There are 12 Southern Cross homes in Aberdeen, nine of which are in my constituency. Just in the past month, one of them, Eastleigh in Peterculter, received a damning report from the Scottish care commission. Is it any wonder that relatives of the people in those homes are concerned that the company that runs them is in financial difficulty, and that the quality of the care provided may suffer as a result? Over the past few years I have also been approached by constituents about self-funders facing unfair cost increases in order that their home might be able to overcome its financial difficulties.
As I said earlier, the key concern of this Government—and, I think, of all Members—is to ensure the continuity and quality of the care of residents in Southern Cross homes. That has been the purpose of the Government, and of all the other agencies involved, throughout our engagement with Southern Cross. It is also important that the quality inspectorates in both Scotland and England continue to discharge their role of making sure that the essential standards of safety and quality are being maintained.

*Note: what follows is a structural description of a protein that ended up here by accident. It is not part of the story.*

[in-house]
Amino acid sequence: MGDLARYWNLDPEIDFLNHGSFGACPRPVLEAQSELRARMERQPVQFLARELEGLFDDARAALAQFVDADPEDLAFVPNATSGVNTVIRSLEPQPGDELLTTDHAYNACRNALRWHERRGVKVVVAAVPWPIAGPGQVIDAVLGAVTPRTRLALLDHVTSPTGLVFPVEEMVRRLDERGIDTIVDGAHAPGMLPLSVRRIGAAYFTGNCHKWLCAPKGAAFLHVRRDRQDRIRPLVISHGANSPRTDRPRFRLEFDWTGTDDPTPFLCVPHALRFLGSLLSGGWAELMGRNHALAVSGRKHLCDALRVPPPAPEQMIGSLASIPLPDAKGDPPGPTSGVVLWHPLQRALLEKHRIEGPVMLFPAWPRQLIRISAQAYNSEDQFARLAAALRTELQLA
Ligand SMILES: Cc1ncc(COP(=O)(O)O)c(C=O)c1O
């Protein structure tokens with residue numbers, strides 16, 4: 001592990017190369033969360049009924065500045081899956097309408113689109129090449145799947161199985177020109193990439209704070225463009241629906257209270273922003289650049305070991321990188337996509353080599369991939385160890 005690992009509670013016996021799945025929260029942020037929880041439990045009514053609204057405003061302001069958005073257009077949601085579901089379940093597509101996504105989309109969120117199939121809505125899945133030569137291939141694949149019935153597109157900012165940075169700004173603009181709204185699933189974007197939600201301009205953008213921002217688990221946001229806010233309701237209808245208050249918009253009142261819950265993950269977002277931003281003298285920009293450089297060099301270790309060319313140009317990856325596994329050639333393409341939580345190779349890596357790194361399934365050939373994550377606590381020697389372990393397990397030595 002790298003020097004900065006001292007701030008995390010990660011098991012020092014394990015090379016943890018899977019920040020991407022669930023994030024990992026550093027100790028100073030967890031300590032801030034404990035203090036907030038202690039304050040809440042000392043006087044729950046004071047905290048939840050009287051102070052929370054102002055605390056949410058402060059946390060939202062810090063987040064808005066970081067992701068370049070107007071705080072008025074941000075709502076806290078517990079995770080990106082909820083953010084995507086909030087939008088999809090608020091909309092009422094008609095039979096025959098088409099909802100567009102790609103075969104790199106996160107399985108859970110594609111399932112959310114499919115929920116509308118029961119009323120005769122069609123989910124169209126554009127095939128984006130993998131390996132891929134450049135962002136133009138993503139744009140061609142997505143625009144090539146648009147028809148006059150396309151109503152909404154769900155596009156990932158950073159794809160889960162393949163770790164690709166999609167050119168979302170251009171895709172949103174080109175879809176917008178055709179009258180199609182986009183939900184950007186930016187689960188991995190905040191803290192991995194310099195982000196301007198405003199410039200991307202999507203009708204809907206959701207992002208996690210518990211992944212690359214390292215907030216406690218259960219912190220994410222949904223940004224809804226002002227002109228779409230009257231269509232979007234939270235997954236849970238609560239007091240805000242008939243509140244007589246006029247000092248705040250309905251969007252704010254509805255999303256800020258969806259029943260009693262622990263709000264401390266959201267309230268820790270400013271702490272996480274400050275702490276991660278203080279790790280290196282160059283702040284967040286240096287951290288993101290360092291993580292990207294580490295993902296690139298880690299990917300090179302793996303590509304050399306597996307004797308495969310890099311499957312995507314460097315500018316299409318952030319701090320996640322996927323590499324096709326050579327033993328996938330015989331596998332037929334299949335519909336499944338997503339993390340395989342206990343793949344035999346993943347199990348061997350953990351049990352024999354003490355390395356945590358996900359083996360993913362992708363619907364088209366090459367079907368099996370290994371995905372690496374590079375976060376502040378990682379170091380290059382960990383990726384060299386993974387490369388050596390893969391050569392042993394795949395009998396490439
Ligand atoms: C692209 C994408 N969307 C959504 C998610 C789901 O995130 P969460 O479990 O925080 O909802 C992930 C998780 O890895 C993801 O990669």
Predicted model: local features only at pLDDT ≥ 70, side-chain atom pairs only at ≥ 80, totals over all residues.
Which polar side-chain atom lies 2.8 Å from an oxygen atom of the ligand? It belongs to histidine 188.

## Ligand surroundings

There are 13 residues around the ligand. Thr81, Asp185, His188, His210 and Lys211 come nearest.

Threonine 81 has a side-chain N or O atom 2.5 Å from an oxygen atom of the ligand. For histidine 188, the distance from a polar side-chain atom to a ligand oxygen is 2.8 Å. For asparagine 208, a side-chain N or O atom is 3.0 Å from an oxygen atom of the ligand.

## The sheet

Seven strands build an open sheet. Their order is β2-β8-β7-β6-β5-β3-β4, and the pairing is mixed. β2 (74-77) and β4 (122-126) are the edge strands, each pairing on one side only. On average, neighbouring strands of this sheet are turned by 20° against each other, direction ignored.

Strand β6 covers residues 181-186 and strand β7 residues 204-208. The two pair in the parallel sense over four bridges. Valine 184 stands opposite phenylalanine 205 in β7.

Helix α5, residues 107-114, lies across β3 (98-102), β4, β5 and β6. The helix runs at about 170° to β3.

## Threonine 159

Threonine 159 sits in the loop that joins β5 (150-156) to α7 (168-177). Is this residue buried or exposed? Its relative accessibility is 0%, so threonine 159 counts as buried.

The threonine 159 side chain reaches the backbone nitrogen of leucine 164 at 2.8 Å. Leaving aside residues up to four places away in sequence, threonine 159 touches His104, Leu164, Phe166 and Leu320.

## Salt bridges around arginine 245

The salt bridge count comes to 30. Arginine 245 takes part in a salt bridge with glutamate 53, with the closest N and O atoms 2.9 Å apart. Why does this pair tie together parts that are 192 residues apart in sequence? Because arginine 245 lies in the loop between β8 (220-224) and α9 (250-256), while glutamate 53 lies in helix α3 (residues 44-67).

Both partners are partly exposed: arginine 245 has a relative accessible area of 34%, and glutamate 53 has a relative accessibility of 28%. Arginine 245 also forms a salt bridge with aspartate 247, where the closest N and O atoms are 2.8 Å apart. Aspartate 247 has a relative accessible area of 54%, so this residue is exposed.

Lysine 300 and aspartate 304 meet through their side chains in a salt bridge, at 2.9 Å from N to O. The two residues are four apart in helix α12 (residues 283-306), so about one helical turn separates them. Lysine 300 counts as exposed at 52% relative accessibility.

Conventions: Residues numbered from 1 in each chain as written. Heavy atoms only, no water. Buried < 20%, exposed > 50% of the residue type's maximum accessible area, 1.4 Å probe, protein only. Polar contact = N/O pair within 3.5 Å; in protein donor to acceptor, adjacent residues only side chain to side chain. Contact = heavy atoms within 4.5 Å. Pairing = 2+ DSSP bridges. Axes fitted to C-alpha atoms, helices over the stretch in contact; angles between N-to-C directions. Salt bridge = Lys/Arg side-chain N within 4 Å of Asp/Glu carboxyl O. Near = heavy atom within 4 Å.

As the public health White Paper recognises, building positive self-esteem is important for children’s health and well-being. Yesterday, the Bailey review highlighted many parents’ concerns that exposure to very sexualised imagery in our visual culture fuels children’s anxieties about their bodies and reduces self-esteem. How do the Government plan to tackle that as a growing public health issue?